I remember as a kid, my friends and I would always be “tinkering” with our BMZ bikes. Taking things off, putting things on, getting it just right… Then came motocross, the same thing would happen… Change this, change that, all in the interest of getting what you wanted. I remember installing a CR80 front end on my XR80 and lowering the rear. I loved the way it looked and felt and more importantly, I was the only one in town with that setup. It was original and it was cool.
Flash forward to the future and that passion for customizing and having things my way has never gone completely away… Sure, it was perhaps repressed to a certain extent because of life and conformity, but there is something about modifying your machine that is just so satisfying, I had to do it again.
The Search for the Perfect Project Bike
I set out to find a project and found a 2008 Harley Davidson Sportster for sale at my local Harley Davidson Dealership. I had sold my 2004 Sportster earlier in the year to purchase a 2007 Harley Davidson FLHTCU. I love my touring bike, but I missed my Sporty… The price on the 2008 was right and I know that this would make an excellent platform for a bobber.
I had the dealership install a set of Vance and Hines Short Shot pipes and brought it home. My winter project was starting and I was excited at my first attempt at modifying a motorcycle in a long time.
A 2008 Harley Davidson XL883. A bare-bones, black, solo seat, completely stock bike (With a new set of very loud pipes).
Sportsters have been around since 1957 and have proven to be a very versatile platform that is still in production today. They are an awesome city bike. They have good power, they handle well, they are quite nimble to navigate potholes and manhole covers and they have the classic Harley Davidson V-twin rumble.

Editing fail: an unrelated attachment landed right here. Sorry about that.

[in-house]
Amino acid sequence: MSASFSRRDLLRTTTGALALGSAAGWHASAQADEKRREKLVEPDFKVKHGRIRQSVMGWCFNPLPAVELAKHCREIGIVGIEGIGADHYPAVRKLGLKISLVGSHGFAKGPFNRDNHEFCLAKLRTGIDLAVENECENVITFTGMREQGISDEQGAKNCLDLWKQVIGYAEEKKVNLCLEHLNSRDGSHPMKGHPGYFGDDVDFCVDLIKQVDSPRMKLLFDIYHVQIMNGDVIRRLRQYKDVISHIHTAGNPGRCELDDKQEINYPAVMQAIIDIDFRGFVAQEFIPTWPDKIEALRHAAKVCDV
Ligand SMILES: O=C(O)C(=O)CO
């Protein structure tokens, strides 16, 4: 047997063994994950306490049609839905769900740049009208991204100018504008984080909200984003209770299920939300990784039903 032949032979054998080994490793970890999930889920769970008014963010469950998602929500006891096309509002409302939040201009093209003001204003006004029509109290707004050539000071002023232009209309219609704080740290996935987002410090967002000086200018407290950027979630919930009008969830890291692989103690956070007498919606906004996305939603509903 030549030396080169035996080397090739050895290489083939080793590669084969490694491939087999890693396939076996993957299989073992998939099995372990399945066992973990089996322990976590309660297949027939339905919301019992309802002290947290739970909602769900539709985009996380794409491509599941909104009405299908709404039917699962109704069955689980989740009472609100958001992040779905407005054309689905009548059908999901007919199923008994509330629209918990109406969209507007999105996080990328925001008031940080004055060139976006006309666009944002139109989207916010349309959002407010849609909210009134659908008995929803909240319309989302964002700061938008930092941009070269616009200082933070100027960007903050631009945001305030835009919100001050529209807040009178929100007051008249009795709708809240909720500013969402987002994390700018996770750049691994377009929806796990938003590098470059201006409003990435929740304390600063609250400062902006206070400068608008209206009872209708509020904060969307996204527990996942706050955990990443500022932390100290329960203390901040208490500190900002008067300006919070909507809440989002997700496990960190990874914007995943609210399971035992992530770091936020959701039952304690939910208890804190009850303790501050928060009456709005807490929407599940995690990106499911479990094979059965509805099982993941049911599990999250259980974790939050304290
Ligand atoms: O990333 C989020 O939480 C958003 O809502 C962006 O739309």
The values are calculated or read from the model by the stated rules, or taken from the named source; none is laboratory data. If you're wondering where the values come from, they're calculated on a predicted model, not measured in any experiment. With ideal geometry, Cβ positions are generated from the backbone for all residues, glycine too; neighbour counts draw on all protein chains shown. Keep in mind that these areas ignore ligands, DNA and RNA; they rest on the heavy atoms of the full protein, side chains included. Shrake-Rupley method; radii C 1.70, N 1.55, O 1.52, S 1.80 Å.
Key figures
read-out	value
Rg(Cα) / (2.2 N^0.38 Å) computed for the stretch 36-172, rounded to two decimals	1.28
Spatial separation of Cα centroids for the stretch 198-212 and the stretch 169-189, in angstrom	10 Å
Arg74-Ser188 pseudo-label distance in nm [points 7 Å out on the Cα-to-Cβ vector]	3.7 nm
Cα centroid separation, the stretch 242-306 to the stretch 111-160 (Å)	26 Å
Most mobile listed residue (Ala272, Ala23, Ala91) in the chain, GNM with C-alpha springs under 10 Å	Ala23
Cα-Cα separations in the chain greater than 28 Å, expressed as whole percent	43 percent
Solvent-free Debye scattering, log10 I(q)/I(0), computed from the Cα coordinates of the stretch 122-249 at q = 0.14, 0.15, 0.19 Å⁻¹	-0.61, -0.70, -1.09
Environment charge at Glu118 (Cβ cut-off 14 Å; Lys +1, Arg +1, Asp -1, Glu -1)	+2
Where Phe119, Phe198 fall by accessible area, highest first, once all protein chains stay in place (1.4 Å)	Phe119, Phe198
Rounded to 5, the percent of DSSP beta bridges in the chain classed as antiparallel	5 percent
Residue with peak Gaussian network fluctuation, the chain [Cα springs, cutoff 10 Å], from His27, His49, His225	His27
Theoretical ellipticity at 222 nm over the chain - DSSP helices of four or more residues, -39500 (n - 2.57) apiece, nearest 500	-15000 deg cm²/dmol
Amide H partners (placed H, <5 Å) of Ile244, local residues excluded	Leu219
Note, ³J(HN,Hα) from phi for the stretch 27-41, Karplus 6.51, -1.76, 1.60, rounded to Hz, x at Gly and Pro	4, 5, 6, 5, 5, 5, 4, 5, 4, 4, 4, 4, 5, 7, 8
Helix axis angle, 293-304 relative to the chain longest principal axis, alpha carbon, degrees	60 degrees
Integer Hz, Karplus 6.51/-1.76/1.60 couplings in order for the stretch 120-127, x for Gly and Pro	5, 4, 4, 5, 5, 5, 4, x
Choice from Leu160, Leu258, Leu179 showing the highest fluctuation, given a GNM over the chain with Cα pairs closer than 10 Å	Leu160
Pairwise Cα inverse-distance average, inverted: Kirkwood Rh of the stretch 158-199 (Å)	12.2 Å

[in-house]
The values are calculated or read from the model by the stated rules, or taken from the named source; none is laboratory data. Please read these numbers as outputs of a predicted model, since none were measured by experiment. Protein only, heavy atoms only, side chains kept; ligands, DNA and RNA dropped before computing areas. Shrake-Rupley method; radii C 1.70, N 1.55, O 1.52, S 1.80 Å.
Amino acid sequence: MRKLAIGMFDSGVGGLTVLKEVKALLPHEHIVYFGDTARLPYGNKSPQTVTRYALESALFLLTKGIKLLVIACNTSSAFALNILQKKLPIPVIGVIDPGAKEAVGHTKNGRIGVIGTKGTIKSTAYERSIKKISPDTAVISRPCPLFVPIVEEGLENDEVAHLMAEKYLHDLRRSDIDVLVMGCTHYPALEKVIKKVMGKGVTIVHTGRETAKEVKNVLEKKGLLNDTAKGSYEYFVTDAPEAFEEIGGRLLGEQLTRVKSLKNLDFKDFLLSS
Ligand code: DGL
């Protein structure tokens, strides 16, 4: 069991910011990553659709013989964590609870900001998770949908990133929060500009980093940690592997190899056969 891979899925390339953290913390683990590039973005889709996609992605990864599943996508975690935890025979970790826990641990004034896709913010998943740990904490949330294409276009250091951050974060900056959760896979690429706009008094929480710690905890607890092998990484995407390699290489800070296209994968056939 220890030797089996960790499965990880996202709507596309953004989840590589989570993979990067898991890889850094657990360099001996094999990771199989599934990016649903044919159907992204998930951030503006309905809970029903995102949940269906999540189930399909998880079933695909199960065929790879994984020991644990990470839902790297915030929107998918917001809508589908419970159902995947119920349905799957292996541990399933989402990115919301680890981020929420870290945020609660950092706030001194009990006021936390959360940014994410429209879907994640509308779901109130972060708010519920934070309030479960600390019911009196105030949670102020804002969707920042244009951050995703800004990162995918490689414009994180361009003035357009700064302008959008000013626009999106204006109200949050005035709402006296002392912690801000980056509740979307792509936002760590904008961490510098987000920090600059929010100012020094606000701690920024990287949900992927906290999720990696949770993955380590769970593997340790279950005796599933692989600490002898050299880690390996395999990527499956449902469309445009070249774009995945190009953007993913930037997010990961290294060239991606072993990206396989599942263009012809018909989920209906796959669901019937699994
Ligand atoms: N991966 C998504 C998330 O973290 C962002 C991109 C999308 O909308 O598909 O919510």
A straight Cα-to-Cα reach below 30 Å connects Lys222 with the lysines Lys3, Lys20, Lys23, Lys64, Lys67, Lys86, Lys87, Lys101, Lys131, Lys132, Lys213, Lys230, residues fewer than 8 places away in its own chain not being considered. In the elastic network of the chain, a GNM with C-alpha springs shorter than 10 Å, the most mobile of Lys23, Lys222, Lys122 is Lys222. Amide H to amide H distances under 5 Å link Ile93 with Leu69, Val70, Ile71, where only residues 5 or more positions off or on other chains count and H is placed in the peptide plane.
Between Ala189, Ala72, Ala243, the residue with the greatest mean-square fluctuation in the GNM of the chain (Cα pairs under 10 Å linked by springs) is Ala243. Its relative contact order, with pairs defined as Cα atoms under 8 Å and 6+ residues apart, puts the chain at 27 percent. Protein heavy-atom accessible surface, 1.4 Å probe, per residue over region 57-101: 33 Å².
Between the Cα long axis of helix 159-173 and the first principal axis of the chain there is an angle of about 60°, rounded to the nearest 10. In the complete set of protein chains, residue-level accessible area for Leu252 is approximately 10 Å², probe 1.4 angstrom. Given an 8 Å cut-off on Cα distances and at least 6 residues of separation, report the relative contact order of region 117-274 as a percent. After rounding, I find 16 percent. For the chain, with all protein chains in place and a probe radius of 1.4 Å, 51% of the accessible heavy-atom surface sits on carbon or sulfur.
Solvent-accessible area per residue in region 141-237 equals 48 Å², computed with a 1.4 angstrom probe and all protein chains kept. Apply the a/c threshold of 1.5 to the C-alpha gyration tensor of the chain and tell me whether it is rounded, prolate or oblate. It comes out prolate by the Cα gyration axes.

The 2008 Harley Davidson XL 883 features a fuel injected 883 cc (54 ci) v-twin with 2 valves per cylinder, a 5-speed transmission and a final belt drive.
Riding The Sportster Stock
I took the Sporty out for a test drive and realized right away why everyone should have one in their collection. Compared to my 2004 that had bar risers, forward controls, and a carburetor, the 2008 had no risers, had mid-mounted controls and is fuel injected.
I instantly remembered how nice it is to ride a Sportster in the city. You can lean on this bike, it’s incredibly nimble. The power to weight ratio of the Sportster is just right. In its stock form, it is not a speed demon by any means, but it gets around without any trouble especially with fuel injection as opposed to the carburetor.
The bike is very well balanced and does not give you the feeling of instability. I honestly did not think that I would like having mid-mount controls and was thinking of changing them right away. I am glad I didn’t. Having the controls right under your legs allows you to tuck in your knees and exert even more control on the bike.
The seat felt high and the handlebars felt low, the stock exhaust was almost silent… This would not do.
The very first modification that was done to the bike was to get the dealer to install a set of Vance and Hines Short Shots to the bike. What a difference that made. I took the Sporty home once they were installed and there was no mistake that this bike had a new voice, and it was loud!
I was almost regretting installing the short shots as the sound coming out of them was actually hurting my ears with a half helmet on.
The Fun Begins
My friend Rob at Divita Auto Designs in Calgary was gracious enough to offer me a section of his shop to work on my project during the winter as i do not have a heated shop at home.
The first thing was to dismantle the bike and start working on the modifications. I started by removing the seat, the rear fender, the rear shocks, the handlebars, the front brake line, the front clutch cable, the ECM and the cover on the belt.
With everything removed, the first thing to get replaced was the handlebars. I installed a set of mini apes off of a Harley Davidson Street Bob. The height was just high enough to raise the profile of the bike and low enough to ensure that I still had circulation in my arms and hands when riding. This required changing out the front brake line and replacing the wiring to the handlebar controls. The clutch cable was long enough and did not need to be replaced.
I removed the chrome visor on the headlight and got it painted black.